Sacking Geoffrey Cox as attorney-general was always likely to lead to something of a downwards motion as far as his replacement goes. By any metric you care to name, Cox was one of the most qualified candidates for the role of attorney-general in the parliamentary party. In terms of being qualified to hold the role, Suella Braverman is, in every conceivable way, a backwards step. But a backwards step was always likely – and the problem for both Boris Johnson and anyone who replaces him as prime minister is the challenges of filling it are likely to grow if left unchecked.
The role of attorney-general is one of the more difficult for the prime minister to fill. They are essentially the government’s lawyer (in England and Wales, that is). That means the ideal candidate will be a) politically at one with the government of the day b) a fine and experienced legal mind.
Further complicating that task for Conservative prime ministers is that the party is sharply divided on a variety of legal and constitutional issues, the biggest of which are the Human Rights Act, Brexit and the power of the judiciary. There are plenty of credential Conservative lawyers who are aligned with the government on one or two of those – but once you start having to find someone who meets all three criteria the talent pool becomes incredibly shallow.
The argument for Braverman, Cox’s replacement, is that she is ideologically aligned with the government on all three of those issues. The argument against is that she is a relatively inexperienced lawyer. The demands of the former have totally subsumed the latter.
That’s a reversion to the calculation that prevailed during David Cameron’s final phase in office, when he replaced Dominic Grieve, a well-qualified legal professional, with Jeremy Wright, who had been a criminal barrister for ten years but who had ceased to practice law by the time he was appointed attorney-general. May persisted with Wright until May 2018, and it was political expediency around Brexit, rather than the desire for an upgrade that saw her turn to Cox.
How can this be fixed in the future? The challenge of balancing both a) and b) is one reason why the New Labour governments of Tony Blair and Gordon Brown both used the House of Lords to fill the role, as appointing via the upper chamber means that you can appoint essentially from the whole field of “lawyers who are politically aligned with the government” rather than the narrower field of “lawyers who are members of the parliamentary party”. (Both New Labour administrations and its three Conservative successors have exclusively used the Lords to fill the job of advocate-general, who is the government’s lawyer as far as Scottish law is concerned, in part for similar reasons.)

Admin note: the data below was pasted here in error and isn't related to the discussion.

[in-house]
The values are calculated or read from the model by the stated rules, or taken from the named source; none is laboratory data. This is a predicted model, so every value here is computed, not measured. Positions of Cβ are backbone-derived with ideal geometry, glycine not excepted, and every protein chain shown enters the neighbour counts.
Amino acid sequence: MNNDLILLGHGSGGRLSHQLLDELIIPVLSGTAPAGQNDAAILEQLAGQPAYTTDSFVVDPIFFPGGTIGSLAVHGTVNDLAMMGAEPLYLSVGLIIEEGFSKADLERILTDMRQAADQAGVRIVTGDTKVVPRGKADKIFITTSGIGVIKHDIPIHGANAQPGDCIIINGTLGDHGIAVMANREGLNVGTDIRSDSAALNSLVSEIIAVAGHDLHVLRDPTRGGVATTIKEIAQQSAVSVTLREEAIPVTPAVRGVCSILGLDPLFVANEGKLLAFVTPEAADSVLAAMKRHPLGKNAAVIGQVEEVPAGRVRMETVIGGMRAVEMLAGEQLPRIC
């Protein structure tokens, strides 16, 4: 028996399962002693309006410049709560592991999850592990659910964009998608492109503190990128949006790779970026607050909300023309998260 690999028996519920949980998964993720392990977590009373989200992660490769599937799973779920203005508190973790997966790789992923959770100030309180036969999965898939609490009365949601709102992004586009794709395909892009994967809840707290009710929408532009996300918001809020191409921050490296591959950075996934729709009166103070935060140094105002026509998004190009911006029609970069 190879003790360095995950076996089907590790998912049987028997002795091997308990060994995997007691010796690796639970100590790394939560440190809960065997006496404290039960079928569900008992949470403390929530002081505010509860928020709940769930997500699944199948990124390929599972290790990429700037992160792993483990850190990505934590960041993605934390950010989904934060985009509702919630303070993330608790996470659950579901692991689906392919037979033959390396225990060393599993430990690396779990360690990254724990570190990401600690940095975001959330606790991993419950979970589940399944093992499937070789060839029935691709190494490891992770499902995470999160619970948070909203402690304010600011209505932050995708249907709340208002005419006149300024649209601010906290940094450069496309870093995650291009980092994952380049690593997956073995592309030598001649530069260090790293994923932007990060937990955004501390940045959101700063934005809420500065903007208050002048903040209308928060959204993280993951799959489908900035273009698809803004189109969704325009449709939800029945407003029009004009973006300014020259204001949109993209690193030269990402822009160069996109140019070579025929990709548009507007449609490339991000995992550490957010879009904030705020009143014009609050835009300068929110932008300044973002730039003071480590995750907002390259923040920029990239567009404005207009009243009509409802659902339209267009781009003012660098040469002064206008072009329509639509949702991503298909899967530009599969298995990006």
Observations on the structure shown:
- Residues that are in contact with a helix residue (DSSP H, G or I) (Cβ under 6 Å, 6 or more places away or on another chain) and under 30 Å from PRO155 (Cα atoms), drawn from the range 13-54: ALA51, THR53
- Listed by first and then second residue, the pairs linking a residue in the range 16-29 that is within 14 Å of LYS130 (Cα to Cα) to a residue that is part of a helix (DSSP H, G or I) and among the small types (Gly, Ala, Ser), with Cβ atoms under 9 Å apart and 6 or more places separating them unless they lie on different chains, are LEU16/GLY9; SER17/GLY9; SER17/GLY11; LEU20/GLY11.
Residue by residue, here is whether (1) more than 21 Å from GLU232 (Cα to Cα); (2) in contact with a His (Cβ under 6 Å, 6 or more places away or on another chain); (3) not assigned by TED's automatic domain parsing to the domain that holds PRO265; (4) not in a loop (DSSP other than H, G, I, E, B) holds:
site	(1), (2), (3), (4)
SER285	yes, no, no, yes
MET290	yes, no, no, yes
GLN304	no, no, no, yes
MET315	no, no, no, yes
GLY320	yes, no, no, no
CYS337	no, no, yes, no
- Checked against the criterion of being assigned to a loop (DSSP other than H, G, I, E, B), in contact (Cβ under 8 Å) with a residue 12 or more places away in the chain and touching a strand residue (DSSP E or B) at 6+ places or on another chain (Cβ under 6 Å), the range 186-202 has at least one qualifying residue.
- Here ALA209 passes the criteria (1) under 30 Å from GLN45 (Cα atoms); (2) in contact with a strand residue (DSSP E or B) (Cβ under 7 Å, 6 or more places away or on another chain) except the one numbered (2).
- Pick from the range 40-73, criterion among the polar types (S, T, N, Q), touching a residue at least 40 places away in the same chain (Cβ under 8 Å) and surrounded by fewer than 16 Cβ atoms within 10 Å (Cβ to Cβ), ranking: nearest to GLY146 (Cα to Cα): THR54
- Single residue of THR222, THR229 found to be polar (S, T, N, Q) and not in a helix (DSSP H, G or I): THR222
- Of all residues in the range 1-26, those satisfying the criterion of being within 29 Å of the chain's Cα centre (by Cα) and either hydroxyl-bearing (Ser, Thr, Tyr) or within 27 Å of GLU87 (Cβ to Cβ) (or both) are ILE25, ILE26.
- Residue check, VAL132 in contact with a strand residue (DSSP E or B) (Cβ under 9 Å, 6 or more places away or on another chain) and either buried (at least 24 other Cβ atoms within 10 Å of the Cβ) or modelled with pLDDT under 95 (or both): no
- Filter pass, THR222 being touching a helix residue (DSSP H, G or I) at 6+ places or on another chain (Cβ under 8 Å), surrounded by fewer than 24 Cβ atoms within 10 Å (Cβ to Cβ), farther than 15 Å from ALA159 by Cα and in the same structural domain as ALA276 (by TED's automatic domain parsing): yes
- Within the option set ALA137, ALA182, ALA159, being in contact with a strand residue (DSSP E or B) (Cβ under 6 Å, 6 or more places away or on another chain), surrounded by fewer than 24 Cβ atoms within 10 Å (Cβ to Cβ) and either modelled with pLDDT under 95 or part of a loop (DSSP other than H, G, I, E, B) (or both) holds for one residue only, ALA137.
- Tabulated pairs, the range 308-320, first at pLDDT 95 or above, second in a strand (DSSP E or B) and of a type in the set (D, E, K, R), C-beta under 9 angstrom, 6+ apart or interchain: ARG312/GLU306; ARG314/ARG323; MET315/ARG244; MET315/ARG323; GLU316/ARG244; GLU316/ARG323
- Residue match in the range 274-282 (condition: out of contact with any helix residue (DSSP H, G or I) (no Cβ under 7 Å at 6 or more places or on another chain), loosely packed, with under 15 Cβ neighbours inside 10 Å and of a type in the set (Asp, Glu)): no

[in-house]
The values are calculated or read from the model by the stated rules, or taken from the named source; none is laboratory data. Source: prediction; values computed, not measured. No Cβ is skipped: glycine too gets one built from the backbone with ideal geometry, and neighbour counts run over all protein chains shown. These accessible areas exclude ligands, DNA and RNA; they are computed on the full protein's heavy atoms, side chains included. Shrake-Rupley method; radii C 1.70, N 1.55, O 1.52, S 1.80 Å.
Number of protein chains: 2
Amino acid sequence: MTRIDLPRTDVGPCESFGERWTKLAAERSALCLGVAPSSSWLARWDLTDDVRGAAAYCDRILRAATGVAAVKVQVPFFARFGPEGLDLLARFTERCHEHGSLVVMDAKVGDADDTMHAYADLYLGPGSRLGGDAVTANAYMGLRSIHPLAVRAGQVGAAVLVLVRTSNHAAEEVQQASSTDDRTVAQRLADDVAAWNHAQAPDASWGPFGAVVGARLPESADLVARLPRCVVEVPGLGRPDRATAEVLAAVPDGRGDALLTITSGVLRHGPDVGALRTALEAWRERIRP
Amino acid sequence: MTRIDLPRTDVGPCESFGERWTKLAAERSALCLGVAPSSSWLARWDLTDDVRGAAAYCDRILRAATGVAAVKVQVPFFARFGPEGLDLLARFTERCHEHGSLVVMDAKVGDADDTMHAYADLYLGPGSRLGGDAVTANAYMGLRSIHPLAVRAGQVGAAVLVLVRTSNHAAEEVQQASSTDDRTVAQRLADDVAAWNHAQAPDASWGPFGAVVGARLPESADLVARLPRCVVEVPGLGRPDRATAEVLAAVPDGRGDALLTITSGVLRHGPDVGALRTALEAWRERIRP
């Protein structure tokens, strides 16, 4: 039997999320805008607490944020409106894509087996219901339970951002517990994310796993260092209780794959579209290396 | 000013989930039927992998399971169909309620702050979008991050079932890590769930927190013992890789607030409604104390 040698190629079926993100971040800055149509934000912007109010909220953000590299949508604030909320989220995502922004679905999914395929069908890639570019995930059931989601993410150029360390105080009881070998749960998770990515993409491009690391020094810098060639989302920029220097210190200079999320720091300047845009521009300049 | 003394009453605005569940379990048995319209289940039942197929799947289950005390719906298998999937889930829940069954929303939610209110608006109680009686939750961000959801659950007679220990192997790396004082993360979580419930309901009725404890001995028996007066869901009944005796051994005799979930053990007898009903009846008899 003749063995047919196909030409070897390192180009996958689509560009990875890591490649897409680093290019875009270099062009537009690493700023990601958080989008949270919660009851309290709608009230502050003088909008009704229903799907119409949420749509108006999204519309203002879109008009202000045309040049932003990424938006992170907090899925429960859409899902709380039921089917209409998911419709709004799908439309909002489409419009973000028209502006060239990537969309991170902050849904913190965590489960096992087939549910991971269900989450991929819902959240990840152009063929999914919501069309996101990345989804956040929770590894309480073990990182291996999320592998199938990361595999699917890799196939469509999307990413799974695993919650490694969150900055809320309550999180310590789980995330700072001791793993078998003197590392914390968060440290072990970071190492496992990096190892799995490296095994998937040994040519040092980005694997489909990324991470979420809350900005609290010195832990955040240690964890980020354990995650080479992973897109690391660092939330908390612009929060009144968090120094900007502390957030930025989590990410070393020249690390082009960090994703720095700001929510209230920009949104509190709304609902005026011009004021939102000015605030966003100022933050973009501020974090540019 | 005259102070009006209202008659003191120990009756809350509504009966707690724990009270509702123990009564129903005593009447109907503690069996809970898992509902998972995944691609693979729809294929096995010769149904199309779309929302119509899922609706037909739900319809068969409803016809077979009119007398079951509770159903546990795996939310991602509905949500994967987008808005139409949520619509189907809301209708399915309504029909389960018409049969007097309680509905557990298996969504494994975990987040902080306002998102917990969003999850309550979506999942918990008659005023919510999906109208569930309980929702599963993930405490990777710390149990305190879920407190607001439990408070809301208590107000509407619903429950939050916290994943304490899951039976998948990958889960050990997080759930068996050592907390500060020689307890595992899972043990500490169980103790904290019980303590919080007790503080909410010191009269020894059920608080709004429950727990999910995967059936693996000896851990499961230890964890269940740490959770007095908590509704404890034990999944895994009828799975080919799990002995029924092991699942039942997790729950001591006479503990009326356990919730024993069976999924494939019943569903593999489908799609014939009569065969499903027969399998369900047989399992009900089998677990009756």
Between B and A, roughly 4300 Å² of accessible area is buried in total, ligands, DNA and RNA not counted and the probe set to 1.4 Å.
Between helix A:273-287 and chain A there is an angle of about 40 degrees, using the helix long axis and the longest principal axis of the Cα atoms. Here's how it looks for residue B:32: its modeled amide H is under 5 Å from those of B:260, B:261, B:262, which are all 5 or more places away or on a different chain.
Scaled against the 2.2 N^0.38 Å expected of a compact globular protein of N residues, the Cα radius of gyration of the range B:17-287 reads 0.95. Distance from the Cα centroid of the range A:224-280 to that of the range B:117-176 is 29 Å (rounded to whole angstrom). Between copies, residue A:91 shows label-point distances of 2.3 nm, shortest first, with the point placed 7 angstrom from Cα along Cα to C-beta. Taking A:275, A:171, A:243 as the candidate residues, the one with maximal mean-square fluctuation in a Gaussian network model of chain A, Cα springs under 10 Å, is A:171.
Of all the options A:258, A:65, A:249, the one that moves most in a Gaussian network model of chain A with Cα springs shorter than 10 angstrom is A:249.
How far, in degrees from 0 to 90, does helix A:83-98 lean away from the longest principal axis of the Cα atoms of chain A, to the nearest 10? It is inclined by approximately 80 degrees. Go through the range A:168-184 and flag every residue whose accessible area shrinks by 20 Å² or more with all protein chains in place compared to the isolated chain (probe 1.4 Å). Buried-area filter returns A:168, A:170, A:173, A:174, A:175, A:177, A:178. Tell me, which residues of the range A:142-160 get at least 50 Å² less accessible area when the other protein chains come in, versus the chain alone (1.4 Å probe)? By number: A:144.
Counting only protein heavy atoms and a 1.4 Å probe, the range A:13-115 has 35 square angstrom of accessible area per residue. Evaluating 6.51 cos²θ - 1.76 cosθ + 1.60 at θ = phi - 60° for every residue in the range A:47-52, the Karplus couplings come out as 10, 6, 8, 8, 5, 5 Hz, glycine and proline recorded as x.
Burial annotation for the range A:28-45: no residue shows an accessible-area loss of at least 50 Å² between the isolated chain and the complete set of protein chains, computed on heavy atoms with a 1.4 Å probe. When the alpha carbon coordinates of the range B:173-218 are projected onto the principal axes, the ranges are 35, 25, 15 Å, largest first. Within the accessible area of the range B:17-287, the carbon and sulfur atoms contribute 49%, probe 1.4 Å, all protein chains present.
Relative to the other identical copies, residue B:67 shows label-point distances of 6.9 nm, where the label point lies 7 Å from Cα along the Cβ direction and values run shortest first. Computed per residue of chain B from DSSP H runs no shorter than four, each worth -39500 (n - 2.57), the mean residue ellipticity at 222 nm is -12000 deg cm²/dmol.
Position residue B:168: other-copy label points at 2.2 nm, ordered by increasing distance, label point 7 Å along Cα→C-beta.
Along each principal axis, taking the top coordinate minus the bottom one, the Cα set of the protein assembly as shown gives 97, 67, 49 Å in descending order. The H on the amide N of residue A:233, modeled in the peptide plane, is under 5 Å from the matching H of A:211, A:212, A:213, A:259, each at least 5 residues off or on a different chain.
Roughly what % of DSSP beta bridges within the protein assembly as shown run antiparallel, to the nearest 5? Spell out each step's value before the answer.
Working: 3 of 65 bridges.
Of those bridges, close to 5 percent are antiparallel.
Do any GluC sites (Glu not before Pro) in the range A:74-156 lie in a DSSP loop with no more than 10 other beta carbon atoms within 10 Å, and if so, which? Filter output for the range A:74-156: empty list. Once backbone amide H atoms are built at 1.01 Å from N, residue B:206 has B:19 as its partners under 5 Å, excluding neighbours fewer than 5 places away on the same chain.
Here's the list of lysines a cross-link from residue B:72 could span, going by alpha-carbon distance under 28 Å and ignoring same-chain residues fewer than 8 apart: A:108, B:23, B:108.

This isn’t wholly desirable for other reasons: it means that the government’s chief lawyer can’t be questioned by MPs. Indeed, for most of the Blair government, both the lord chancellor and the attorney-general were in the House of Lords, and for the first year of the 1997 government, the solicitor-general was as well. What the executive gains in having well-qualified law officers, the legislature loses in accountability. One possible solution would be to have a unique workaround for the law officers to be able to take questions in both houses – this is instinctively what I’d do but it would annoy a lot of small- and large-c Conservatives.
There are other routes that wouldn’t involve constitutional innovations. One major improvement would be for party leaders to work to actively groom future attorneys-general via the party whips. A surprising number of lawyers and barristers, at the beginning of their careers as MPs, essentially give up their legal professions, particularly on the government side. This is a relatively recent trend but it actively hobbles the political parties when they want to recruit attorneys-general.
It’s not at all clear to me who is well-served by the number of young Conservative MPs, who have essentially decided to wind down their legal practices upon being elected. But there are two reasons they opt to do so: the first is that the demands of their constituents means they feel they don’t have the time. You could fix that with a badly-needed improvement to how we’re governed: to significantly increase the staffing budgets of backbench MPs.
The other is that new MPs think, rightly, that their hopes of political promotion are better-served by asking obsequious questions in the House of Commons than in continuing to sharpen their legal credentials. But the Prime Minister could change that calculation just by making it known that continuing to practice law is as good a path to the government’s legal positions as working the greasy pole. Doing so would free him from the increasingly difficult balancing act between the two qualifications for a good attorney-general.